Notre Dame law professor Rick Garnett has an op-ed at USAToday about the upcoming Supreme Court case on the ministerial exception for civil rights laws. This is a dicey subject but I mostly agree with Garnett. Too often secular liberals warn that any public pronouncements by religiously motivated leaders risks dismantling the deparation of Church and State, a position that is mostly nonsense. But, this really is a case of separation of Church and State and, as Garnett rightly argues, the First Amendment's guarantee of religious freedom should be upheld broadly by the Court.
The blogging Cardinal Archbishop of Boston has posted his Chrism Mass homily. (You have to scroll down a bit to get to it.) It is a delight, with a couple of very good jokes and a happy reference to a book by my colleague at the Institute for Policy Research and Catholic Studies, Father Eugene Hemrick. Hearing this homily, it is easy to see how Cardinal Sean has turned things around in Boston. We need more bishops like him.
Ben Smith and Byron Tau have a great article up at Politico about the origins of birtherism, the obviously false belief that President Obama was not born in the United States and is, therefore, ineligible to be President. The answer may surprise: This particular fantasy began on the left, not the right. The full expose is worth a read.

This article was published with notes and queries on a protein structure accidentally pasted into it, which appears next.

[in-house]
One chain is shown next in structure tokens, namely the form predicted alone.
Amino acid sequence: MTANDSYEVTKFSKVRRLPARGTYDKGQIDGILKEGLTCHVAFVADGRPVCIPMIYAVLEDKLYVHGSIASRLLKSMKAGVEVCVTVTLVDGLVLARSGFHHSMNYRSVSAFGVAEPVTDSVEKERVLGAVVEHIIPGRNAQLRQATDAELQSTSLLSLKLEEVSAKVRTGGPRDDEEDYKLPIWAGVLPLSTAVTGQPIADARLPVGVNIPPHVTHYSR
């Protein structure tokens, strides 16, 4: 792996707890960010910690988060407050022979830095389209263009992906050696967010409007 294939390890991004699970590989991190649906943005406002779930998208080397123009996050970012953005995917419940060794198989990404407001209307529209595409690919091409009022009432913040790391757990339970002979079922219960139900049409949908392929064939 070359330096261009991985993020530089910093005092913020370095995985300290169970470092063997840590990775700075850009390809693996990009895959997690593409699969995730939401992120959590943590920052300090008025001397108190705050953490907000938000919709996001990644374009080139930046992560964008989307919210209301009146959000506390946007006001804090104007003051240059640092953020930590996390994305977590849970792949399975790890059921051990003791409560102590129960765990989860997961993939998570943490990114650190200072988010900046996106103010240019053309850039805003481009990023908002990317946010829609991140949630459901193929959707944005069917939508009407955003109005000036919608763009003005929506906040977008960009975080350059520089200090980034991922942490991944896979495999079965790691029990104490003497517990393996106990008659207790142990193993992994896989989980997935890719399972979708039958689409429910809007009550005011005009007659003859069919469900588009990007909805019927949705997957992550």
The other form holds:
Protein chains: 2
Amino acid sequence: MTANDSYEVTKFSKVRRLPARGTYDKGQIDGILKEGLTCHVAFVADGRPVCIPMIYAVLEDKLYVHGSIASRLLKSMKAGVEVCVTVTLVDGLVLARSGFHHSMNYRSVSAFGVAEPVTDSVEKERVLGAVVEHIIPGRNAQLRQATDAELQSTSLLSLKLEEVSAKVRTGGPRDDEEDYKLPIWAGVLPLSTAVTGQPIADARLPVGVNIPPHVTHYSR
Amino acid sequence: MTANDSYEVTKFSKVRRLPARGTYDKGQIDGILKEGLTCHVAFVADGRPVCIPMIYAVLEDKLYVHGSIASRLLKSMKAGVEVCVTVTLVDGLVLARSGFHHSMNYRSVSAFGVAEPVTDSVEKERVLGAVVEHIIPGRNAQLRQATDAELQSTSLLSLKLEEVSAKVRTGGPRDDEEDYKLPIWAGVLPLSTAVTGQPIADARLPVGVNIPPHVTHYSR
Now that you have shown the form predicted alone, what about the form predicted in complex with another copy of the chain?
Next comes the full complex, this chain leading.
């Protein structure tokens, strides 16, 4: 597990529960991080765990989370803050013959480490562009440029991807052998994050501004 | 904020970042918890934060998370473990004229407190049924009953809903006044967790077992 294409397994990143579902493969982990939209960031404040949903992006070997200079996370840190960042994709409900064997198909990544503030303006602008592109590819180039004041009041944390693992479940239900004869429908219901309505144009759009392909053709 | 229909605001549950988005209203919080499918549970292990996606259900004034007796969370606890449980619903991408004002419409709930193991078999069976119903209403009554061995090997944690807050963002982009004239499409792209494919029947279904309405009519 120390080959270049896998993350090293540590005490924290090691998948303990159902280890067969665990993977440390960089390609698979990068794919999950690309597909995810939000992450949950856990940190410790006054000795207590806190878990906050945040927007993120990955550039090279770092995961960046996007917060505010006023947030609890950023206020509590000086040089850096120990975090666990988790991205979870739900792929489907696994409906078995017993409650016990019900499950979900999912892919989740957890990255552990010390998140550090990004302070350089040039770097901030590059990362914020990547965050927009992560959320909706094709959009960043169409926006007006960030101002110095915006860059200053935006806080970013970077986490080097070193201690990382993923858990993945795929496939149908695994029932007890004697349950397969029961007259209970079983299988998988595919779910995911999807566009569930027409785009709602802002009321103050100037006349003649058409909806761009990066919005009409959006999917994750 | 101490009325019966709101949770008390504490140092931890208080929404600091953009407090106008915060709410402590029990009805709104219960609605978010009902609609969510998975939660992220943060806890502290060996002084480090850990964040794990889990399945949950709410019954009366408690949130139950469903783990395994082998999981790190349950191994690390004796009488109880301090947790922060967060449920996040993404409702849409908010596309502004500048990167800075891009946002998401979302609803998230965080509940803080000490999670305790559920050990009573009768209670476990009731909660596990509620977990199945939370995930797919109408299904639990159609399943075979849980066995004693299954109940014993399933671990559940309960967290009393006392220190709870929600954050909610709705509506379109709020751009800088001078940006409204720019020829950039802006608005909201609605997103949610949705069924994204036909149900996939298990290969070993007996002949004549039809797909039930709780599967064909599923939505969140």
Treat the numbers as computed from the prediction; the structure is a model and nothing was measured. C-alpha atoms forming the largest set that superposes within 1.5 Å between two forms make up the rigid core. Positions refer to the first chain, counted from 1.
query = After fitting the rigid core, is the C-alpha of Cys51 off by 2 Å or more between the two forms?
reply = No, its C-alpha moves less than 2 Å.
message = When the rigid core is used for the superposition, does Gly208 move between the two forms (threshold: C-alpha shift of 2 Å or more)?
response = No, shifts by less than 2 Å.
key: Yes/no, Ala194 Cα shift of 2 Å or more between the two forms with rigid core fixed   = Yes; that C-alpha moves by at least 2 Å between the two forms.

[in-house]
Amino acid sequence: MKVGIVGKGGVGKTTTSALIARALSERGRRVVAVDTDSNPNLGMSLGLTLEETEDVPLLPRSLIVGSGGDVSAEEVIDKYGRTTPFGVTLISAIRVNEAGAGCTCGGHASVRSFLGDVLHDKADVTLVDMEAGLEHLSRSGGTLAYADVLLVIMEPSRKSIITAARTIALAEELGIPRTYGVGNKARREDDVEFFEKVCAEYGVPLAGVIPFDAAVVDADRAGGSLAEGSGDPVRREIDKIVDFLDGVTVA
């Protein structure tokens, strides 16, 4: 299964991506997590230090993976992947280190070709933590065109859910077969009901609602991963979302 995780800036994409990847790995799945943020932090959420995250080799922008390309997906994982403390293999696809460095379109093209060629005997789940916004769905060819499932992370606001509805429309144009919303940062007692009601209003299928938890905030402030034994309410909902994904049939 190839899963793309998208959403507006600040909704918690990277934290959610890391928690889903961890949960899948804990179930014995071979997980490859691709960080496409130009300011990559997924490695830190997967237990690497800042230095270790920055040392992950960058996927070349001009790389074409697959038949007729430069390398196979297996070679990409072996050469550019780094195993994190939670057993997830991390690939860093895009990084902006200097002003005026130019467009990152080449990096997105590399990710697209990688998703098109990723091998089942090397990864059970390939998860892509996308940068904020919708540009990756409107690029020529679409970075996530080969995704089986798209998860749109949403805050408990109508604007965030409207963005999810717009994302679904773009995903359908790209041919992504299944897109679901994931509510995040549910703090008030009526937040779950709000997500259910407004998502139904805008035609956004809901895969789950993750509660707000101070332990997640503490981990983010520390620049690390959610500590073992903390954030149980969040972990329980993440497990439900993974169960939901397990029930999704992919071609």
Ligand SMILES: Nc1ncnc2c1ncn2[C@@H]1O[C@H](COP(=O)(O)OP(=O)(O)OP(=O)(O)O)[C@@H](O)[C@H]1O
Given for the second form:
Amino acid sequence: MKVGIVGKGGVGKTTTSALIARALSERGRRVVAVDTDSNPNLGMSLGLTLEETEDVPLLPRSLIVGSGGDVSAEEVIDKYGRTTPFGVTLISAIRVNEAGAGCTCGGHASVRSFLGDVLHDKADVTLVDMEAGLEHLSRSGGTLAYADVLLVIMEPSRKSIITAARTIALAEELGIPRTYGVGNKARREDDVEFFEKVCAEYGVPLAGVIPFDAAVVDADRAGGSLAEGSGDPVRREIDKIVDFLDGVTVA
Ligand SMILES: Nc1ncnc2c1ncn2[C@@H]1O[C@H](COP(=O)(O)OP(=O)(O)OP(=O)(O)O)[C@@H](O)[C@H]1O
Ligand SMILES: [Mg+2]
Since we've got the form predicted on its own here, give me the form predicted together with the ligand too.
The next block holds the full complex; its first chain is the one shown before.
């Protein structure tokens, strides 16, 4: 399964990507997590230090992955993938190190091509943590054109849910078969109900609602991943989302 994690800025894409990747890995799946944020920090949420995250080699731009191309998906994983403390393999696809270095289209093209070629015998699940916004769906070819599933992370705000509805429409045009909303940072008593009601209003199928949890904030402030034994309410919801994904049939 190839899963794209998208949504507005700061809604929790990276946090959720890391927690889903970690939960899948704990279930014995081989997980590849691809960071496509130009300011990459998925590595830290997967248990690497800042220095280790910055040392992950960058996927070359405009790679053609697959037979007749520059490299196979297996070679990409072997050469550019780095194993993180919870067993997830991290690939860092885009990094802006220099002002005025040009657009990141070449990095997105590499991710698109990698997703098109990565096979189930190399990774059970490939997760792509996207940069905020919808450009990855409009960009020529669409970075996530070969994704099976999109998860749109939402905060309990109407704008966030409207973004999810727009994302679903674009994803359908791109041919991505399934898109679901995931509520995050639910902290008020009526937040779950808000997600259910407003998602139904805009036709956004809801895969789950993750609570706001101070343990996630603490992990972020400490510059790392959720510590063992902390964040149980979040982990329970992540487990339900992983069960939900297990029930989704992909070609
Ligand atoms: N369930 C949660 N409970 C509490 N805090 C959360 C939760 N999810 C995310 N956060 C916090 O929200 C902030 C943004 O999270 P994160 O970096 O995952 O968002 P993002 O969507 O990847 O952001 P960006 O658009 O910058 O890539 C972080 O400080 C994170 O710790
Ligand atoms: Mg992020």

Let it be said: Conspiracy theories are not the provenance of any particular political ideology. They cater to a cast of mind that is as often found among liberals as conservatives. The difference - and it is an important one - is that prominent liberal politicians tend not to embrace such foolishness while several prominent conservatives continue to wink at the birthers and their ridiculous claims.
Repeating a lie does not wiggle it into a truth. But that doesn't stop some conservatives from endlessly repeating demonstrable falsehoods in their effort to shape public debate. Jonathan Chait at TNR gives the latest example here.
A new survey by the Public Religion Research Institute indicates that Christians in America are more ambivalent about capitalism then is commonly thought. Among other findings, 46% of Christians think capitalism is incompatible with Christian values against only 38% percent who perceive them as compatible. You can find the full report here.
I suspect that these views need some qualification. Modern, spread eagle capitalism, with its biases towards high finance, is rightly viewed as repugnant to Christian values. I do not think most Christians object to a neighborhood man-and-pop store. And, capitalism, like democracy, is probably, to paraphrase Churchill, the worst form of economic governance except every other form. Still, it is good to discern in the results the Christian insight that a selfishness that has become mutual is not the same thing as mutual generosity.
Mark Silk, at Spiritual Politics, offers his always thoughtful take on the findings here.